Thursday, April 22, 2010

Intriguing map of government censorship

Google has just published a small map application showing world wide statistics about “Government requests directed to Google and YouTube” to remove content from services, or provide information about users of services and products. The information covers period between July 1, 2009 and December 31, 2009. You can draw your own conclusions however, general media has already started sensationalising the story with titles like: Big Brother is watching us on Google.

I would like to use this example as another proof that analysing information spatially can give additional insights into the issues under investigation. In particular, information presented as a list draws attention only to countries at the top of the list, namely Brazil, Germany, India or US. However, presenting the same information geographically can add additional perspective on the whole issue. What got my attention on this occasion was a geographic spread of countries with requests by government agencies. These are predominantly all established democracies in Europe, Americas, South East Asia and Oceania. There is a notable absence of requests form countries in the old communist block as well as the Middle East. There could be a number of reasons for this phenomenon warranting further investigation but just to provoke some thoughts, is it possible that, contrary to a popular belief, citizens in democratic societies are subject to higher level of censorship than those form more restrictive political systems?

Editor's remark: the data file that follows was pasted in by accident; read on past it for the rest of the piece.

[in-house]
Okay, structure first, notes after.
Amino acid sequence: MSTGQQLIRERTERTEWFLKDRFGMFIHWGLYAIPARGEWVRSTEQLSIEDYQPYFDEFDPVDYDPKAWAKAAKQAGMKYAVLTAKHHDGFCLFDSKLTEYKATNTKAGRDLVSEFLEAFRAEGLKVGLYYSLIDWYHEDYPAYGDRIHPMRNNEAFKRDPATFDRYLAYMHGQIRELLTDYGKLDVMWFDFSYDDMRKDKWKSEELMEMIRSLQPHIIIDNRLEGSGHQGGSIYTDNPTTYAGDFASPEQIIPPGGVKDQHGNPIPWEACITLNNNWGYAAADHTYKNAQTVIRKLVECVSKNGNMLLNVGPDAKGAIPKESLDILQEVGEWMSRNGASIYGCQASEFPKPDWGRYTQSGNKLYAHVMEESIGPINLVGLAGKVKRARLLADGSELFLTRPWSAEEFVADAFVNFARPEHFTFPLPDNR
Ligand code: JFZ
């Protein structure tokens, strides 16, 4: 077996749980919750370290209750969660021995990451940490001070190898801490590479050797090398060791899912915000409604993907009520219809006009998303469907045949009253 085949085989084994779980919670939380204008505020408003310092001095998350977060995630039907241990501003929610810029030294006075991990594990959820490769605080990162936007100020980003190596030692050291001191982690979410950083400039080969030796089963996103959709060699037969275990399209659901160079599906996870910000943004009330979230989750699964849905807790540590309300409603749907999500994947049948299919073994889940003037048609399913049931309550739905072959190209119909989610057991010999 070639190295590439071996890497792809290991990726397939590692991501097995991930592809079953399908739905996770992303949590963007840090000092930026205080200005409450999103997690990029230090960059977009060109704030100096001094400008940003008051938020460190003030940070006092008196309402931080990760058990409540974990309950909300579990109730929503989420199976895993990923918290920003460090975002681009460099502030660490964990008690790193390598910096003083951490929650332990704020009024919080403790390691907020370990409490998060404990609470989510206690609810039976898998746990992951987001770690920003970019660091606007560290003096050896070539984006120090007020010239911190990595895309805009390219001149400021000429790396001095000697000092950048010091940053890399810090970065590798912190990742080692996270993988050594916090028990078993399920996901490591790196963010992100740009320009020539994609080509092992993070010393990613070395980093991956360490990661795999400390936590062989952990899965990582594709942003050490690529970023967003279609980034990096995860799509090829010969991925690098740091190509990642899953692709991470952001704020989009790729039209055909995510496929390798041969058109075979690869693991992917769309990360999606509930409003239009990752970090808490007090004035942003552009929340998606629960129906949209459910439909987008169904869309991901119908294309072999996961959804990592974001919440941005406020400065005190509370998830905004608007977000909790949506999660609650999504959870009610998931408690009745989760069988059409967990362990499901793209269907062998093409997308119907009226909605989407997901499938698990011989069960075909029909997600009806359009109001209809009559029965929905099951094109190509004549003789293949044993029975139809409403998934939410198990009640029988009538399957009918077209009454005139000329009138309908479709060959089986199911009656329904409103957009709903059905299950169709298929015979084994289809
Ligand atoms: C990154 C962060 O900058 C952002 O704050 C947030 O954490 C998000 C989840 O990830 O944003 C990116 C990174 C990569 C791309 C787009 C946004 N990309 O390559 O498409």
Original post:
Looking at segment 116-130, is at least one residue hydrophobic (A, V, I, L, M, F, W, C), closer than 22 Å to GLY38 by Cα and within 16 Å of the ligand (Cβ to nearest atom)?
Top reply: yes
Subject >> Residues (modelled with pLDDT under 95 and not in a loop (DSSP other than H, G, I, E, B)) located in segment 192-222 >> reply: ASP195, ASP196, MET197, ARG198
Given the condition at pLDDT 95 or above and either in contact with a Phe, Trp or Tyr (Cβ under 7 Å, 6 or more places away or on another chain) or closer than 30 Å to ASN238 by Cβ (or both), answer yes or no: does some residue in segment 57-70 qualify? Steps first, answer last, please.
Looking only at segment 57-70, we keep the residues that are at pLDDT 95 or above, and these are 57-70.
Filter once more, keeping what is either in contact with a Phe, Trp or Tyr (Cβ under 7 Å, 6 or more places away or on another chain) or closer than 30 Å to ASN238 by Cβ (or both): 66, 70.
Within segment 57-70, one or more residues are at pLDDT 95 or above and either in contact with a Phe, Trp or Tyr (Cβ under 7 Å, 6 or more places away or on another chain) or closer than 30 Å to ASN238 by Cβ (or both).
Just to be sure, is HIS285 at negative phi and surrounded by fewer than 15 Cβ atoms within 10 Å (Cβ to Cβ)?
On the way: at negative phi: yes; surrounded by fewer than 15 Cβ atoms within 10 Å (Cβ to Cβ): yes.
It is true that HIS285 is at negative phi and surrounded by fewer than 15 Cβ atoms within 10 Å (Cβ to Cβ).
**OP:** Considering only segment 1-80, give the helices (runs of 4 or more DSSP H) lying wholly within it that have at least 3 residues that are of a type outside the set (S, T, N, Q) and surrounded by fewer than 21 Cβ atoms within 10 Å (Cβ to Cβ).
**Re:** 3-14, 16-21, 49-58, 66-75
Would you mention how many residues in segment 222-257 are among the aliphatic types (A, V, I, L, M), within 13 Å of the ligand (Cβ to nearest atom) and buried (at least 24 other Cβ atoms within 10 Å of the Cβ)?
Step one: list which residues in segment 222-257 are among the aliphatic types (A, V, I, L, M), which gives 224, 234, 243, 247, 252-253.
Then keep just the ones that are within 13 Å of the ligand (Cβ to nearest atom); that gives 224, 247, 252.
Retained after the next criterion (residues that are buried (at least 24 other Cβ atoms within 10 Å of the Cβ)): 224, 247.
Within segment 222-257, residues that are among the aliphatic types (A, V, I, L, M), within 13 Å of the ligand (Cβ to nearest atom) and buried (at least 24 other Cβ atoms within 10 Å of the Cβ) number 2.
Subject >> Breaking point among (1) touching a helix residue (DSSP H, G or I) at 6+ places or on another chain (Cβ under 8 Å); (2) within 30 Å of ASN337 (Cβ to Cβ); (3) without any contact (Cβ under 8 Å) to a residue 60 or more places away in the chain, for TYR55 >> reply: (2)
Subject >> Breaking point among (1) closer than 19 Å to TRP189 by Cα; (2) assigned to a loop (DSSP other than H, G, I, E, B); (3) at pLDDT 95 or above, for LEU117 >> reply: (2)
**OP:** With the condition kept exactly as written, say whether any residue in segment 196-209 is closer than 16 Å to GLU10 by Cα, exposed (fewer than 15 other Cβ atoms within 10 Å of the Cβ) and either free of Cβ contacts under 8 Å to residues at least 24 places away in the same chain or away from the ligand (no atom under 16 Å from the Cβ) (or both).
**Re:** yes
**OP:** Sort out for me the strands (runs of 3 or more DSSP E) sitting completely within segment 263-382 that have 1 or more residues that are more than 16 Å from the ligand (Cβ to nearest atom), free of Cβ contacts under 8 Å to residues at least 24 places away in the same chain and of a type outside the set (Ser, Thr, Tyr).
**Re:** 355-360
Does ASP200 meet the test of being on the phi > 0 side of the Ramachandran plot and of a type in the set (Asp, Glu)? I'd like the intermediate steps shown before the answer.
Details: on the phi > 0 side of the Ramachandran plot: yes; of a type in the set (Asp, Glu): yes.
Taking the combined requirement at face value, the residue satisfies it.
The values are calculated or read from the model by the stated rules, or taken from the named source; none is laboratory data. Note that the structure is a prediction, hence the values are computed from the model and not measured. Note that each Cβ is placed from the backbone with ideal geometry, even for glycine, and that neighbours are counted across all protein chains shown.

First spotted on: Google Maps Mania

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